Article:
10. I doubt than anyone who has looked at Smith's Greek hand could seriously imagine that he made an essentially flawless jump into what looks almost like a Greek version of shorthand, ligatures and all. It must also be mentioned that Smith consulted experts on Greek script to date the approximate time of writing. With all due respect to Peter Head et al, the forgery horse is dead. You can stop beating him any time now.

    Robert Conner

  11. Whatever Anastasopoulou's forensic document examination credentials are, it is curious that she is also (apparently) a practicing graphologist. If you, Stephan, receive a response from her, you can also ask about the graphologist part, explaining that it is the one thing in her entire report that many, myself included, are a bit uncomfortable with. Maybe she can clear things up.

    As for beating the dead horse, that too happens, but I would not put Peter Head into that section. I think everyone who has already invested a certain amount of time and energy to take a stance either for or against the hoax hypothesis, may be excused for doing that. For everyone else, the situation - with 100% contrary evaluations and neither side budging an inch - must seem chaotic, and Peter's verdict What do I think? I wish I knew in Evangelical Textual Criticism is probably the most sane available.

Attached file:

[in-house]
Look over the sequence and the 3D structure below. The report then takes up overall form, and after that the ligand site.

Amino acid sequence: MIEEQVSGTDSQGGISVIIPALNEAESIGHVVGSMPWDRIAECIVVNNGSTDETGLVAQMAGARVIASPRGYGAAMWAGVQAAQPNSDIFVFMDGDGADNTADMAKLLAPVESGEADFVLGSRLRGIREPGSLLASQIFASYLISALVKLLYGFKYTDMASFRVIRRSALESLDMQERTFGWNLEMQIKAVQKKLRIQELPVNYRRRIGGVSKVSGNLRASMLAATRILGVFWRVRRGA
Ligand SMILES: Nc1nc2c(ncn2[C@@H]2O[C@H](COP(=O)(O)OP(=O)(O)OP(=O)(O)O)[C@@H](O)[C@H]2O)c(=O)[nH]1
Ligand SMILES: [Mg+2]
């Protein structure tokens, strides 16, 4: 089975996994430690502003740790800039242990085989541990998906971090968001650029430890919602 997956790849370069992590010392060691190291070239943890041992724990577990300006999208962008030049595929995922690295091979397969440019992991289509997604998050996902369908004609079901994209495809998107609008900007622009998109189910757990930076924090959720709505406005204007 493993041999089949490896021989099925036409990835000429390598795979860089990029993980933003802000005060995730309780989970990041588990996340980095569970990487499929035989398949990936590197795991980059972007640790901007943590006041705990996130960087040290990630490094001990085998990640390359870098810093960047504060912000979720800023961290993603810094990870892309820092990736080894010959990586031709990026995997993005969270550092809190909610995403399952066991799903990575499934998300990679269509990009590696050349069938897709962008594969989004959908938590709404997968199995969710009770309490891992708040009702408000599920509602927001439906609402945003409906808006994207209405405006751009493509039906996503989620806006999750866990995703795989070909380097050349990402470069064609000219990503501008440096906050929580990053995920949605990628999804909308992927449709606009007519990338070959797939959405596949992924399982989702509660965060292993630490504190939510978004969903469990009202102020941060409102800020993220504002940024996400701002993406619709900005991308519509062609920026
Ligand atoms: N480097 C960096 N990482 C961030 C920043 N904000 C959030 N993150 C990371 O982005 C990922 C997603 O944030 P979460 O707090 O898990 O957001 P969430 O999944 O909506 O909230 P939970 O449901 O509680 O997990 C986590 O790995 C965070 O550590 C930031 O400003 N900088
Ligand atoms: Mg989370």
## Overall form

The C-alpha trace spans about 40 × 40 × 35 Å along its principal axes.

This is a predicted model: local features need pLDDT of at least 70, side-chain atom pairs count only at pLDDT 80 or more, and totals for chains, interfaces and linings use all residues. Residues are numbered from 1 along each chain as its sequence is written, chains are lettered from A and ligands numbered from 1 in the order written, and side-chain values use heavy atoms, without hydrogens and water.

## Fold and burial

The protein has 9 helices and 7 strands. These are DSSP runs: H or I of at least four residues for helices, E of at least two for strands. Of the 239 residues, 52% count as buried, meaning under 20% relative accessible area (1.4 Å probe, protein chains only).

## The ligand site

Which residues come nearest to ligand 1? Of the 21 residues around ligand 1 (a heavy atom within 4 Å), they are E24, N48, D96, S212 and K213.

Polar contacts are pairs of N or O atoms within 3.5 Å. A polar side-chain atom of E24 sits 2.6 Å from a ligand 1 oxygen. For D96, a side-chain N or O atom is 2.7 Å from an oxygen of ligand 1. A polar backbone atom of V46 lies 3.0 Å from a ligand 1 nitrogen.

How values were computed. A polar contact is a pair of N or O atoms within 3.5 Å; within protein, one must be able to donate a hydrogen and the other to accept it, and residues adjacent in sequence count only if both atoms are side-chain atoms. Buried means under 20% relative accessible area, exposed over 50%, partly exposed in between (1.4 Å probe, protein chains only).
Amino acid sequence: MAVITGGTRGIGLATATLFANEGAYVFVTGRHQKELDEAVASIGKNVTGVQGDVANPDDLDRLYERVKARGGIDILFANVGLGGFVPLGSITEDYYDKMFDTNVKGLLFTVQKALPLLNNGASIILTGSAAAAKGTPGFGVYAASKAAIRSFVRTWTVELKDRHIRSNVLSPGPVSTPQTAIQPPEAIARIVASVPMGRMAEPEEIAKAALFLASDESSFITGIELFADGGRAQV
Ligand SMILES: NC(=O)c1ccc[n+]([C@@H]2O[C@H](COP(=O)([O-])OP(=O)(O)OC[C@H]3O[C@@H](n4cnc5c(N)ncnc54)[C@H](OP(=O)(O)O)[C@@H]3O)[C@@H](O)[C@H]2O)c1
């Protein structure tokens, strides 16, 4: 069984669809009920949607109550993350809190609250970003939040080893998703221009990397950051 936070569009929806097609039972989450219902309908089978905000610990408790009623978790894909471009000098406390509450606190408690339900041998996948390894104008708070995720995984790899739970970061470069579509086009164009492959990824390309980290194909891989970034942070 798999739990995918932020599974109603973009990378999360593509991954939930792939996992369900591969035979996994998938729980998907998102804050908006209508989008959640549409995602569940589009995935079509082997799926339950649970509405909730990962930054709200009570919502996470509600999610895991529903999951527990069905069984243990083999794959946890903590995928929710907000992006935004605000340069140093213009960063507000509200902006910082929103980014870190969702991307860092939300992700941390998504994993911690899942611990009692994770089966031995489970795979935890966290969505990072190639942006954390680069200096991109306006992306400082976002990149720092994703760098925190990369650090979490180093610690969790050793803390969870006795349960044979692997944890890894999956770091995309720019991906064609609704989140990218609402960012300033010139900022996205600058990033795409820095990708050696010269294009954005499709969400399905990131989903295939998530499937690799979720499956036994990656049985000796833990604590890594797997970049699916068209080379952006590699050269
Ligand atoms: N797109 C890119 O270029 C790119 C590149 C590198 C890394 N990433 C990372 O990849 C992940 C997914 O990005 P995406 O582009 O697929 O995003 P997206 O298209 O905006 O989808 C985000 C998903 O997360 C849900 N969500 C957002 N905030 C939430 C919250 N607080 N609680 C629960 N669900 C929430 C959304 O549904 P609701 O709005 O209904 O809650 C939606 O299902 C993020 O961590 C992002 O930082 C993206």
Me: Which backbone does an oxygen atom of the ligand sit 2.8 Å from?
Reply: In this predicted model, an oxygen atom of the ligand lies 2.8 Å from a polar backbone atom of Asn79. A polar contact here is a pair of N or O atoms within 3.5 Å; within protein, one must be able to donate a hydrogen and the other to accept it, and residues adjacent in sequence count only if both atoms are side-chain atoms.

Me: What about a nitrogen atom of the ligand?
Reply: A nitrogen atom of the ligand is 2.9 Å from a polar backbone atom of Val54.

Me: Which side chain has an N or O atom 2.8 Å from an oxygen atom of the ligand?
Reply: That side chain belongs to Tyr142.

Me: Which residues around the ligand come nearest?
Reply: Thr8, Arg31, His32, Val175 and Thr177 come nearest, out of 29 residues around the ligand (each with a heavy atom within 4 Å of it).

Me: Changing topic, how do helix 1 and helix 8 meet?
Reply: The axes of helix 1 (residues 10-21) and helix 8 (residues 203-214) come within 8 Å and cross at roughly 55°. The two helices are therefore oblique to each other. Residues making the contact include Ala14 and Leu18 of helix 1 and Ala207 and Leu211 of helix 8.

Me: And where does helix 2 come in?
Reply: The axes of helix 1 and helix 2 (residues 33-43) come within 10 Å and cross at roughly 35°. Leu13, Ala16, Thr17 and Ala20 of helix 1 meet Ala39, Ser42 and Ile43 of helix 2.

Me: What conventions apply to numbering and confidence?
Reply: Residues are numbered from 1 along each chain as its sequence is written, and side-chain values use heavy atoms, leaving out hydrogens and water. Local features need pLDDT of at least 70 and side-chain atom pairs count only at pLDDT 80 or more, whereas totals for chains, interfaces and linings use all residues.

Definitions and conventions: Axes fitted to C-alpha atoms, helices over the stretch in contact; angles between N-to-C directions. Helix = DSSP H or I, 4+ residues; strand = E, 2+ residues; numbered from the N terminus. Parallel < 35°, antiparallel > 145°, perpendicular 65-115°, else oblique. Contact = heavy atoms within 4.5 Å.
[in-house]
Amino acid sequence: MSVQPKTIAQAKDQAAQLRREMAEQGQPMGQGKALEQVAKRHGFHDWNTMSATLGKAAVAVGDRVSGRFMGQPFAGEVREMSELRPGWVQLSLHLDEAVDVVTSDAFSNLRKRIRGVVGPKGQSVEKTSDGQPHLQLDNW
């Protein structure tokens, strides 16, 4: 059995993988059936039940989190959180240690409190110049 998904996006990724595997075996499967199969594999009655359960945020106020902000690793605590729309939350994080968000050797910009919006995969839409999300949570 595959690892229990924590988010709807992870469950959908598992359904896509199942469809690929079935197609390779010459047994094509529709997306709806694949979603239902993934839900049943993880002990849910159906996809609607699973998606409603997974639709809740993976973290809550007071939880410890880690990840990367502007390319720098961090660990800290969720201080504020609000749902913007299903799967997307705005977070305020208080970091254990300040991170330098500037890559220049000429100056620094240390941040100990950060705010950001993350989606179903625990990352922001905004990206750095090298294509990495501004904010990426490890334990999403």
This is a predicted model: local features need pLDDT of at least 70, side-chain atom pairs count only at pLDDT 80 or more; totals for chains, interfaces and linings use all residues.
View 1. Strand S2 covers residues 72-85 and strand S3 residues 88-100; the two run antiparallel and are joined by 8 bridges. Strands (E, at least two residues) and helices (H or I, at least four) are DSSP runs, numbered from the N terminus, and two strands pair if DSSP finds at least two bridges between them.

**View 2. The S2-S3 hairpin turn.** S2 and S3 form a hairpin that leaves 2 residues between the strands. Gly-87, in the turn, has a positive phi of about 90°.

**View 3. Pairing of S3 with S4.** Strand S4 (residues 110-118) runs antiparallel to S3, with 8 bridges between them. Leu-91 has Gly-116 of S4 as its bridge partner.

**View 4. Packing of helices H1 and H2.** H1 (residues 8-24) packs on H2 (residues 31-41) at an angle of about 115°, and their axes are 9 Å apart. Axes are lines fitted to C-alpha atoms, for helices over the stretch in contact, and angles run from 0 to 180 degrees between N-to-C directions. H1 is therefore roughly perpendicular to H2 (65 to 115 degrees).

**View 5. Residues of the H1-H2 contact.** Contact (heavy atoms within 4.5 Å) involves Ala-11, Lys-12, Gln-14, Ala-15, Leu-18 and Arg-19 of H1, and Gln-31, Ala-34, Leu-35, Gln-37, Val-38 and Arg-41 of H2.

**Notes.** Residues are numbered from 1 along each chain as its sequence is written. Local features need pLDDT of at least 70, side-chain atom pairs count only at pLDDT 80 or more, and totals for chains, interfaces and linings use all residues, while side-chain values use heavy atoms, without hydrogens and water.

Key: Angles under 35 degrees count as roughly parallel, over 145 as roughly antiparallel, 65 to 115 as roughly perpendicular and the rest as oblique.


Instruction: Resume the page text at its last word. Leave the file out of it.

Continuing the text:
12. I read Peter's position and it made quite an impression on me. I agree with almost all of it but in the end I think that if the material can't be proved to have been forged by Morton Smith (and 'proof' requires a blockbuster argument like Carlson's forger's tremor was originally thought to be) than it is difficult not to accept the text as Clementine.

    And about Anastasopoulou having a degree in one pseudo-scientific field, if her arguments are sound what does it matter?

    For her main argument comparing the handwriting of the man who produced the Mar Saba document with the handwriting skills of Morton Smith in Greek I think she has sufficient expertise to pull that off. Remember when I said those things about a PhD in the context of Carlson's meta-thesis about the Mar Saba document. I think he went beyond merely arguing that there were anomalies in the Mar Saba manuscript and saying that because of the anomalies it was likely that Smith was the forger.